Induced hydraulic fracture of strata during roof bolt installation is a potentially prevalent, but masked phenomenon within the underground coal industry. Previously reported resin testing programs (McTyre et al., 2014) examined the relationship between resin mixing effectiveness and varying bore hole diameter. The methodology employed within this earlier test program facilitated a further critical area of research – the measurement of back pressures generated within the bore hole during standard rock bolt installation practices. Experimental data has indicated that fluid resin can be pressurised to levels where it exceeds the compressive strength of the strata, inducing hydraulic fracture within the immediate area of the bolting horizon. The routine cycle of roof bolting serves to propagate this effect, progressively fracturing and delaminating the roof during mine advancement. This masked phenomenon can lead to a perception of difficult ground conditions - mining efficiencies and costs are therefore affected, with increased need for additional support subsequently required to re-stabilise the inadvertently damaged roof.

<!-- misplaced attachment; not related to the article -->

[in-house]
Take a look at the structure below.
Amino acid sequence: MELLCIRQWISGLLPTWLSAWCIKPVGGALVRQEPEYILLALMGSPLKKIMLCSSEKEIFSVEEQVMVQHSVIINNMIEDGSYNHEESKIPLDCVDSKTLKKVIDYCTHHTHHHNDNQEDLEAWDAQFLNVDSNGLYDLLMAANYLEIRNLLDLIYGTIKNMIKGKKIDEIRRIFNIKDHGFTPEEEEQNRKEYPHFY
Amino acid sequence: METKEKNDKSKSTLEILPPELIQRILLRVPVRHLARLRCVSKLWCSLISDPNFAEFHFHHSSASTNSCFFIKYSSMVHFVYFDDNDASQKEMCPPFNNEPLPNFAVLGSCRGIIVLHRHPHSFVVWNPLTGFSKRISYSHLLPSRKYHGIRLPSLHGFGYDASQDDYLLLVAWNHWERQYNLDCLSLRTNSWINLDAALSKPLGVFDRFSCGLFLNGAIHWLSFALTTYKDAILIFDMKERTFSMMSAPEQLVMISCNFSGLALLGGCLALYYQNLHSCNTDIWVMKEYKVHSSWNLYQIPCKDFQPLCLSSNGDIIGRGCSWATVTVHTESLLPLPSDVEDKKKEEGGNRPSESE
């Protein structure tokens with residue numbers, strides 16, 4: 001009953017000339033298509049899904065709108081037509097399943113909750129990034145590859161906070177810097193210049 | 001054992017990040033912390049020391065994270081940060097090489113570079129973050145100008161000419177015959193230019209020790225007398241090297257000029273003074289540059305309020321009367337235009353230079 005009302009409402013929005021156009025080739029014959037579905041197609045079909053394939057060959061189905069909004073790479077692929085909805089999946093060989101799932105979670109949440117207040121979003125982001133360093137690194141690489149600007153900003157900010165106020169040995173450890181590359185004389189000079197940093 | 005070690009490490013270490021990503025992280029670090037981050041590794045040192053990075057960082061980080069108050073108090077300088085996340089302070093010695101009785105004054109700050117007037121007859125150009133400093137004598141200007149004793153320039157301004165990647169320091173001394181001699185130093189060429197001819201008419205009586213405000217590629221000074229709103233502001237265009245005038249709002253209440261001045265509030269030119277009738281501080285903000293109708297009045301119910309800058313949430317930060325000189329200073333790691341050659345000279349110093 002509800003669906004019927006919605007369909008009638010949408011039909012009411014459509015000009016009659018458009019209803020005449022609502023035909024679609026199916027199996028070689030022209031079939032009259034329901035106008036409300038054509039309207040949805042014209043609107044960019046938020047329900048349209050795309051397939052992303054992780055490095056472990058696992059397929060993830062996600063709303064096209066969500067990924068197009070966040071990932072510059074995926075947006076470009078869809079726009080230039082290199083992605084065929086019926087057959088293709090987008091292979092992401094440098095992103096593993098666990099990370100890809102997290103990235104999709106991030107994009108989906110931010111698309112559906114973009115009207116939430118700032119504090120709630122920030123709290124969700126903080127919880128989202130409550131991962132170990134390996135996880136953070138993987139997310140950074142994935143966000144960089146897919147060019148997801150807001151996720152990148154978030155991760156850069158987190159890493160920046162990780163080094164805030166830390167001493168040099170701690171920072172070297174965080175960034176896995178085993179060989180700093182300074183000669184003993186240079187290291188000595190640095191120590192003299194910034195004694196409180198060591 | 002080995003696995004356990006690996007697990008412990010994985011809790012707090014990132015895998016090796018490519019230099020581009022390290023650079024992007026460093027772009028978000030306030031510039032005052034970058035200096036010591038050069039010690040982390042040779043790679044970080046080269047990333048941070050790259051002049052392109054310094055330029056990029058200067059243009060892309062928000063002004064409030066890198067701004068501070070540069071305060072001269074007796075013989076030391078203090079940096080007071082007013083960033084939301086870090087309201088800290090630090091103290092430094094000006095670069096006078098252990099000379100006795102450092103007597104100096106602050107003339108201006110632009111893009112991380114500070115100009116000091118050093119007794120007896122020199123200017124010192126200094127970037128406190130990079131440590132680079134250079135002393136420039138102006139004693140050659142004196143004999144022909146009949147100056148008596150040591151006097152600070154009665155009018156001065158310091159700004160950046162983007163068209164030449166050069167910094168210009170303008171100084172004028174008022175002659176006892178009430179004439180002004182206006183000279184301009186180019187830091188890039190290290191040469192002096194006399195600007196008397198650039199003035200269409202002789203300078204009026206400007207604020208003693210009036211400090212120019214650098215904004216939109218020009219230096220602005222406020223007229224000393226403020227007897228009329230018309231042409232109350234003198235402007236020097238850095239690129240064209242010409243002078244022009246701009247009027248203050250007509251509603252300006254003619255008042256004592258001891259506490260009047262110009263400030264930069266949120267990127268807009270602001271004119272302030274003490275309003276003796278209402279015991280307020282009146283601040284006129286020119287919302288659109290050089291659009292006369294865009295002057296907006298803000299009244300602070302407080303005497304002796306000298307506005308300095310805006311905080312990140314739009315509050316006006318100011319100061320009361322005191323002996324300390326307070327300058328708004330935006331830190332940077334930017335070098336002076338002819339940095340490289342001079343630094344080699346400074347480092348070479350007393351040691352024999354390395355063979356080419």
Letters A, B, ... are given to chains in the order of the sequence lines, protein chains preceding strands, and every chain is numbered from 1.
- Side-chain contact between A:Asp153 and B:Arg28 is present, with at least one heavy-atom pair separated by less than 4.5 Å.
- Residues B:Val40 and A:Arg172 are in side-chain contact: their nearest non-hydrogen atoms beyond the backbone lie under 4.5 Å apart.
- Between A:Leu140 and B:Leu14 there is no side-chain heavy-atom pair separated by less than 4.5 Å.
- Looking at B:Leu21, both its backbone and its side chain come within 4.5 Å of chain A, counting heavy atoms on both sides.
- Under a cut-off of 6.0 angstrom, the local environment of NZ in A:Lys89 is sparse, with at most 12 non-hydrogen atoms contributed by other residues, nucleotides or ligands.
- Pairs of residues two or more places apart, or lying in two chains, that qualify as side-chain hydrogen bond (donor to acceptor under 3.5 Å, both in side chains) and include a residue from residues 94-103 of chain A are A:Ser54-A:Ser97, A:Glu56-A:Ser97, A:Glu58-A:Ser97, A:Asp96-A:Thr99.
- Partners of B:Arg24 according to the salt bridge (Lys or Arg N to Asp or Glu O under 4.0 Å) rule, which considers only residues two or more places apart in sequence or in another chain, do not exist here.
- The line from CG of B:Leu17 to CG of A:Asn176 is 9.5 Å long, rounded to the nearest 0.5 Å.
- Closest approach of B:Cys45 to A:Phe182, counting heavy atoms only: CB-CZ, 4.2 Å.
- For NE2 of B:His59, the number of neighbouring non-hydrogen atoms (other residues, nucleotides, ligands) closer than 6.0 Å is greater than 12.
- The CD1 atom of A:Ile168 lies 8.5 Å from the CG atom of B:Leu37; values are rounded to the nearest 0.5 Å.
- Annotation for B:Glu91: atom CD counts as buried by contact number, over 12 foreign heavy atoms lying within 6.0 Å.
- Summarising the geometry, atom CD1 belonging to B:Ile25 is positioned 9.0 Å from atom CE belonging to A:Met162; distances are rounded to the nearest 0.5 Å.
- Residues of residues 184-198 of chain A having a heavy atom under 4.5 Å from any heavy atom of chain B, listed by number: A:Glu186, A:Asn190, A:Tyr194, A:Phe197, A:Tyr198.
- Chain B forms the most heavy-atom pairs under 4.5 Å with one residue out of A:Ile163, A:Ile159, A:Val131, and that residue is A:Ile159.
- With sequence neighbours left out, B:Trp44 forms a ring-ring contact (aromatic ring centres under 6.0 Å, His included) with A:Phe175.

Further analysis of the parameters associated with resin bolt installation has now been conducted, assisting in the development of an empirical relationship between bore hole pressure, bore hole diameter and bolt insertion times. This relationship has been analysed for 15:1 ratio resins and 2:1 ratio resins, within 28 mm and 30 mm boreholes. Further to this, load transfer performance has been comparatively assessed for both 28 mm and 30 mm boreholes, suggesting that for 2:1 resins, acceptable resin mixing and load transfer can be obtained within a 30 mm bore hole. The combination of 2:1 resins, utilised within a 30 mm bore hole, may well provide the optimal solution to reduce the risk of hydraulic fracture in weaker strata during resin bolt installation.